5 essential self-examinations every woman should be performing

1. BREASTS

According to the Breast Cancer Foundation Singapore, the best time for your monthly breast self-examination is seven to 10 days after your period starts, when your boobs feel least tender.

Dr Christopher Ng, medical director of GynaeMD Women's & Rejuvenation Clinic, recommends following this guide from the American Cancer Society.

TIME TAKEN 15 minutes

1 Lie down so that the breast tissue spreads evenly over the chest. Raise your right arm above your head.

2 In a small, overlapping circular motion, use the finger pads of the three middle fingers on your left hand to feel for lumps in the right boob.

3 Apply three levels of pressure: light for the tissue closest to the skin; medium to feel deeper; and firm for the tissue closest to the chest and ribs. Use each level to feel one spot before moving on.

4 Move around the breast in an up-and-down pattern. Go down until you feel only ribs, up to the neck or collarbone, and out to the underarm and middle of the chest. Studies suggest that this pattern is the most effective for covering the entire area without missing any tissue.

5 Repeat the exam on your left breast with your right hand.

YOU'RE LOOKING OUT FOR...

Lumps that may be cancerous. Alert your gynae if you feel a lump, however small it is.

2. NECK

Located at the base of your neck (below the Adam's apple and above the collarbone), the thyroid gland produces hormones that regulate many organs including the heart, brain, liver, kidneys and skin.

Check your thyroid with these tips from Dr Kevin Tan, vice-president of the Diabetic Society of Singapore.

TIME TAKEN 3 minutes

1 Take a mouthful of water and stand before a mirror.

2 While focusing on your thyroid, tip your head back slightly and swallow. Your gland will move up and down with the gulp. Observe your neck for bulges. Repeat this several times.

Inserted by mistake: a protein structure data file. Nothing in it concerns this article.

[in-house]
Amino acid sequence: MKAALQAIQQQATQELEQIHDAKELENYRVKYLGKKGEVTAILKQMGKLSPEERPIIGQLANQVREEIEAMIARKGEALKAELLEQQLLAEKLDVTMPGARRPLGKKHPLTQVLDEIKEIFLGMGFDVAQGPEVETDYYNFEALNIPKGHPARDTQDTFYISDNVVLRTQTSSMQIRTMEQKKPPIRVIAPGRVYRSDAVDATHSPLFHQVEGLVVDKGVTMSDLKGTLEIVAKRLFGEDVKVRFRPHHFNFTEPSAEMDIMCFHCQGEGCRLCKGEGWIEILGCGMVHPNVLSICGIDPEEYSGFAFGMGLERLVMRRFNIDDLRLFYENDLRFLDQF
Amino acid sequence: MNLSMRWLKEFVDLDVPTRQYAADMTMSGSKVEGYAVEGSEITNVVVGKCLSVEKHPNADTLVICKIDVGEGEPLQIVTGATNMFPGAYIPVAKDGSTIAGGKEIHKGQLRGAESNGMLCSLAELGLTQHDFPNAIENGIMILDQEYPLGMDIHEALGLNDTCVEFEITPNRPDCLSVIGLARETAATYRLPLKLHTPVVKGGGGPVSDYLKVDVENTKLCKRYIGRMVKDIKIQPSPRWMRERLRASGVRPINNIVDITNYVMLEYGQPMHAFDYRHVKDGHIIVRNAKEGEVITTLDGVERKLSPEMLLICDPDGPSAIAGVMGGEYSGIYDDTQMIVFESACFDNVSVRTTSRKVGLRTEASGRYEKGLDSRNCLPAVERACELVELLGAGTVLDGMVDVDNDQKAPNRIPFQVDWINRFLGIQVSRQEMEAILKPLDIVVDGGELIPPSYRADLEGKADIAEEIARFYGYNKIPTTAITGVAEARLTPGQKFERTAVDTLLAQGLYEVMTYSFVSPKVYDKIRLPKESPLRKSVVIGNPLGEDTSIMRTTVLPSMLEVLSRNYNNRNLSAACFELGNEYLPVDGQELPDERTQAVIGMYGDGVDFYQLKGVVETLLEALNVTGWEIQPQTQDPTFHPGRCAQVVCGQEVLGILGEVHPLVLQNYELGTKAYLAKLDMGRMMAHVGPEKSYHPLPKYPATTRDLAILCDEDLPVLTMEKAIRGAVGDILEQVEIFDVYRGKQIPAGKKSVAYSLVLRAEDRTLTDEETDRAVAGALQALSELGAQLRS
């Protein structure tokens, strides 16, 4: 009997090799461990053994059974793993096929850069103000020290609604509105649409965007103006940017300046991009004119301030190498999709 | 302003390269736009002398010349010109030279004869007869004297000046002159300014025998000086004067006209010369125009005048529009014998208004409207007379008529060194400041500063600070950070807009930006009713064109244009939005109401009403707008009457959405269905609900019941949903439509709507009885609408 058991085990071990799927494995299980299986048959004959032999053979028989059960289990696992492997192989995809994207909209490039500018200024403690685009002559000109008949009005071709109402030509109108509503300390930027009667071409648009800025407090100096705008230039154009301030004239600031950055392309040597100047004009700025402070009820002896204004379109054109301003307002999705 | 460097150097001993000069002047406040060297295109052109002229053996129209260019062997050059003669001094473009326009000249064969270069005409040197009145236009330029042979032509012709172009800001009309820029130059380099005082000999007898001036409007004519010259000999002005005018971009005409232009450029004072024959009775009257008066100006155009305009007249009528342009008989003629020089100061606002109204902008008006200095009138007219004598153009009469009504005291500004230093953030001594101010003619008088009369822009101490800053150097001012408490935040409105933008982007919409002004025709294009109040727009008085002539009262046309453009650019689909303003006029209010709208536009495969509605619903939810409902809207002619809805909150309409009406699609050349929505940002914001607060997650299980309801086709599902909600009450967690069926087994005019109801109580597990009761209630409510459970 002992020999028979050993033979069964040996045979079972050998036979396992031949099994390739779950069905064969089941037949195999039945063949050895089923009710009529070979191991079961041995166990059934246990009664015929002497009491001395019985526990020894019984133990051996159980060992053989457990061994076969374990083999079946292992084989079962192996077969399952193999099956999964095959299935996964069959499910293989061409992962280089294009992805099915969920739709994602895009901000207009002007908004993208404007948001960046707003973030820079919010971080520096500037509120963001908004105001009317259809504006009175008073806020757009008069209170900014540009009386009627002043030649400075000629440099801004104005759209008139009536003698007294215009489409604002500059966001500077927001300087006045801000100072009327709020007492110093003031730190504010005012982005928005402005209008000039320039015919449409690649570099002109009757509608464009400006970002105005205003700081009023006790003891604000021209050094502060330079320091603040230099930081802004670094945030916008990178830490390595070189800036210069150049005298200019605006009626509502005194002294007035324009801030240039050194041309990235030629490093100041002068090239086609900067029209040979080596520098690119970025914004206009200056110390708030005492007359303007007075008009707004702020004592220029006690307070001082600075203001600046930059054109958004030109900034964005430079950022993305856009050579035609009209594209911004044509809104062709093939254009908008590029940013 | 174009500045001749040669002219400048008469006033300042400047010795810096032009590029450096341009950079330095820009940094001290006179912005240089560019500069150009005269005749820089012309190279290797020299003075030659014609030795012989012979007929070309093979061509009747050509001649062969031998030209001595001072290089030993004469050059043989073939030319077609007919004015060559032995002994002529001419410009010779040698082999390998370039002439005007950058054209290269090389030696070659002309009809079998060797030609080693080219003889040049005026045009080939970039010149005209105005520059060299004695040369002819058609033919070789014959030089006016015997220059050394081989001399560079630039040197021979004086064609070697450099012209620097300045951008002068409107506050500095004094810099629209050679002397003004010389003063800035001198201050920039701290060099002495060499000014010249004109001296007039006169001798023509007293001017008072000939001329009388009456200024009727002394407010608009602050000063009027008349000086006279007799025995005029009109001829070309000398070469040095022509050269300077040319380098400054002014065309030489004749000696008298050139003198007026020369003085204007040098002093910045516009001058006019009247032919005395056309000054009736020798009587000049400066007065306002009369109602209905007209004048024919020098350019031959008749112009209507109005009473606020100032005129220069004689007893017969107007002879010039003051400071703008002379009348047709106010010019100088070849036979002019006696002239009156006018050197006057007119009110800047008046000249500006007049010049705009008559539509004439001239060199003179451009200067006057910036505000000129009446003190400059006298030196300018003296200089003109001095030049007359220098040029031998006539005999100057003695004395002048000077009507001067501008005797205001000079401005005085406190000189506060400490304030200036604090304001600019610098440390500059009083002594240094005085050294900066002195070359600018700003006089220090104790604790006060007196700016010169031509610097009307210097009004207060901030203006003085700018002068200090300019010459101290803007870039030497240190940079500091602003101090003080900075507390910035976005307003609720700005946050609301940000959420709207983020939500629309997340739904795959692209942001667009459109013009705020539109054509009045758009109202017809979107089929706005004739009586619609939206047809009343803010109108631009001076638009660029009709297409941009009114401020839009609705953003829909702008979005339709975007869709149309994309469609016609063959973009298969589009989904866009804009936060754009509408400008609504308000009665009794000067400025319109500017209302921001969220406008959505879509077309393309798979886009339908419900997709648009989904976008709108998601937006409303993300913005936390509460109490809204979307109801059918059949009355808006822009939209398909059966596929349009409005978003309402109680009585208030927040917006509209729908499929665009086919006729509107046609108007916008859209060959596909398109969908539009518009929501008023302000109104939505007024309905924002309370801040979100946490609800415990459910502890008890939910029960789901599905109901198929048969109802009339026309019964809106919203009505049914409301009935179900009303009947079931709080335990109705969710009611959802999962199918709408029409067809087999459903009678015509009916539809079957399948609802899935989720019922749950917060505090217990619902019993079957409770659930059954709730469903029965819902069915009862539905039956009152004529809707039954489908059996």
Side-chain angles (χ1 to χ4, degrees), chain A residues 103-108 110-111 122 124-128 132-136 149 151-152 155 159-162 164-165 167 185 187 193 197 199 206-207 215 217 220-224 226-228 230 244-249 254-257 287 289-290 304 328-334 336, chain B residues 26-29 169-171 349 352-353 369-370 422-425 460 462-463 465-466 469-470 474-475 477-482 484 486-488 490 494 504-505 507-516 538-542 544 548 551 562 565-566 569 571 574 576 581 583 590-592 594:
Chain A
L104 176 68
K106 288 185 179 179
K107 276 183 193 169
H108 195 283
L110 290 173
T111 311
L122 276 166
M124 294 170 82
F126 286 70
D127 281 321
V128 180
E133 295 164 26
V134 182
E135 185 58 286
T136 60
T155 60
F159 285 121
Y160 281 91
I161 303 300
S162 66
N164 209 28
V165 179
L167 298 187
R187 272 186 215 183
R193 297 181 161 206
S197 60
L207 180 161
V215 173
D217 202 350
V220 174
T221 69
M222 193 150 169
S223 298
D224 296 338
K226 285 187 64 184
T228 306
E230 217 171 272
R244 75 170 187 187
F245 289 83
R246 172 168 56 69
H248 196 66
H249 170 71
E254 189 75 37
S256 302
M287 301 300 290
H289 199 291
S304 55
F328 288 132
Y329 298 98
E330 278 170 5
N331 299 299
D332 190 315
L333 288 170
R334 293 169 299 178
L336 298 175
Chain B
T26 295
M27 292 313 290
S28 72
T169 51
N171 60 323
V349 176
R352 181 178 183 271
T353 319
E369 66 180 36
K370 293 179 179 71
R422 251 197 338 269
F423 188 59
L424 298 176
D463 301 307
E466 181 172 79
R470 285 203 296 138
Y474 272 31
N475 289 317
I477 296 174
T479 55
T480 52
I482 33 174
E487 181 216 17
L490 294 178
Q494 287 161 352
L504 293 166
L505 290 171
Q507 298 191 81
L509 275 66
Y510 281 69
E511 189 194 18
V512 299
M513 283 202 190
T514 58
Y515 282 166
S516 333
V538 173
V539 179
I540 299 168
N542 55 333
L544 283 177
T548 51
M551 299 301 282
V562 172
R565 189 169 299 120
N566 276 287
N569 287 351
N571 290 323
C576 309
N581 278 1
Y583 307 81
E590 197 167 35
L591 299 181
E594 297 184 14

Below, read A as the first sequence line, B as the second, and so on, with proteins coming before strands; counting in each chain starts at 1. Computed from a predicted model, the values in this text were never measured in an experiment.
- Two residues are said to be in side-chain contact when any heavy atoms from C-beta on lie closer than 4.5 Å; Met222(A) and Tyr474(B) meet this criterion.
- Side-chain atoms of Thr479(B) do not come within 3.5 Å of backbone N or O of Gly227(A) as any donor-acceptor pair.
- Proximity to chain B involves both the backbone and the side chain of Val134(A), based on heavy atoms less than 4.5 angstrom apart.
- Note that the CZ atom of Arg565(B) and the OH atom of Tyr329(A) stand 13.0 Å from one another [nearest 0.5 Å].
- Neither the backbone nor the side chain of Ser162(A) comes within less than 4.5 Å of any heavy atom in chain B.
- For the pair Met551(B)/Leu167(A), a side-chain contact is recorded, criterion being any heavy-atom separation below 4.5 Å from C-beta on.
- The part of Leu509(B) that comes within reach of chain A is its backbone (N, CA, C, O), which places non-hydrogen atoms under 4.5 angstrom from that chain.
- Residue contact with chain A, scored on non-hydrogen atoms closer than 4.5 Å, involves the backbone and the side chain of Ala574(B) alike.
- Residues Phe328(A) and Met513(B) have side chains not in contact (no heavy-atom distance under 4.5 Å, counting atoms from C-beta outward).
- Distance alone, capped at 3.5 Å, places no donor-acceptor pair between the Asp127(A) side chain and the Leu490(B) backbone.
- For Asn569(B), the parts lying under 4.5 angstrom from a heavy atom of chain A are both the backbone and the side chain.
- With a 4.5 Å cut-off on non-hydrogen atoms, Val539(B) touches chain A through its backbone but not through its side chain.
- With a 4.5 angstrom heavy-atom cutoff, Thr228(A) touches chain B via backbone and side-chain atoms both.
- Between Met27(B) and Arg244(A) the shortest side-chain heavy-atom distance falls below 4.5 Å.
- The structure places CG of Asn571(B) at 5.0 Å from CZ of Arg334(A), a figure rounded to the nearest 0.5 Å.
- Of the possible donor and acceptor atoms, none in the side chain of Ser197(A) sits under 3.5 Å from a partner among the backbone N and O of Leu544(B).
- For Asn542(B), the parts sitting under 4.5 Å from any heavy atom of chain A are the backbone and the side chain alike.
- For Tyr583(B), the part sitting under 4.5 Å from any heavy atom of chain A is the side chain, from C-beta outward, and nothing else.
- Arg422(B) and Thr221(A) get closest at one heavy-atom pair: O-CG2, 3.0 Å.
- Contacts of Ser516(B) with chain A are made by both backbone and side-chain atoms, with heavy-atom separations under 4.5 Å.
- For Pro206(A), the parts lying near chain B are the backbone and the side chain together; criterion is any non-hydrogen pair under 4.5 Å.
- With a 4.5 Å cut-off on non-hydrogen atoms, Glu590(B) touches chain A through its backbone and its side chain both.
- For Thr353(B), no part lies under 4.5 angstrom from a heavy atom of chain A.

YOU'RE LOOKING OUT FOR... Abnormal protrusions. See your doctor if you spot one. You may have an enlarged thyroid gland or nodule, which should be checked for cancerous growths.

3. EYELIDS

Lumps on the skin around your eyes may signal poor health elsewhere.

Look in the mirror and scrutinise the skin of the upper and lower eyelids for flat, yellowish plaques (bumps), particularly near the inner corners, says Dr Natasha Lim, medical director and refractive surgeon at Mount Elizabeth Novena Specialist Centre.

TIME TAKEN <1 minute

YOU'RE LOOKING OUT FOR... Xanthelasma, small fatty deposits in the skin which may be associated with high cholesterol. If you spot any suspicious bumps, get your blood tested.

4. YOUR UPPER LIP, BELLY AND LIMBS

Getting fuzzier? Beware: It could be a case of hirsutism, excessive facial and body hair growth that results from abnormally high levels of the male hormone testosterone.

TIME TAKEN <1 minute

YOU'RE LOOKING OUT FOR... Hair sprouting on unusual spots could indicate Polycystic Ovarian Syndrome (PCOS), where ovaries are enlarged and lined with numerous cysts.

It's the most common hormonal disorder among women of reproductive age (20s to 40s), says Dr Ng.

PCOS usually causes mild hirsutism, while moderate or severe hirsutism could suggest something more serious, adds Dr Tan Thiam Chye, consultant obstetrician and gynaecologist at KK Women's and Children's Hospital. Consult your doctor to be sure.

5. SKIN

"Check your skin every six months for new lesions (abnormalities in tissue) or changing moles," says Dr Lim.

Examine your eyelids, face, ears, neck, chest and back as these areas get the most sun exposure (UV radiation triggers cell mutation).

Look out for lumps or discoloured patches of skin that don't go away. The former are usually pearly white or waxy-looking and may contain tiny, visible blood vessels.

The latter tend to be flat and scaly and can be flesh-coloured or brown, says Dr Lim.

Also be wary of any bump that enlarges over weeks or months, adds Dr Cheong Lai Leng, consultant dermatologist at LL Cheong Skin & Laser Clinic.

TIME TAKEN <1 minute

YOU'RE LOOKING OUT FOR...

Basal cell carcinoma (BCC), the most common form of skin cancer. It is slow growing and usually doens't spread to other organs.

At first glance, BCC may resemble a mole but it's slightly different upon closer inspection. Consult a doctor if a spot on your skin looks suspicious.

This article was originally published in Simply Her April 2015.

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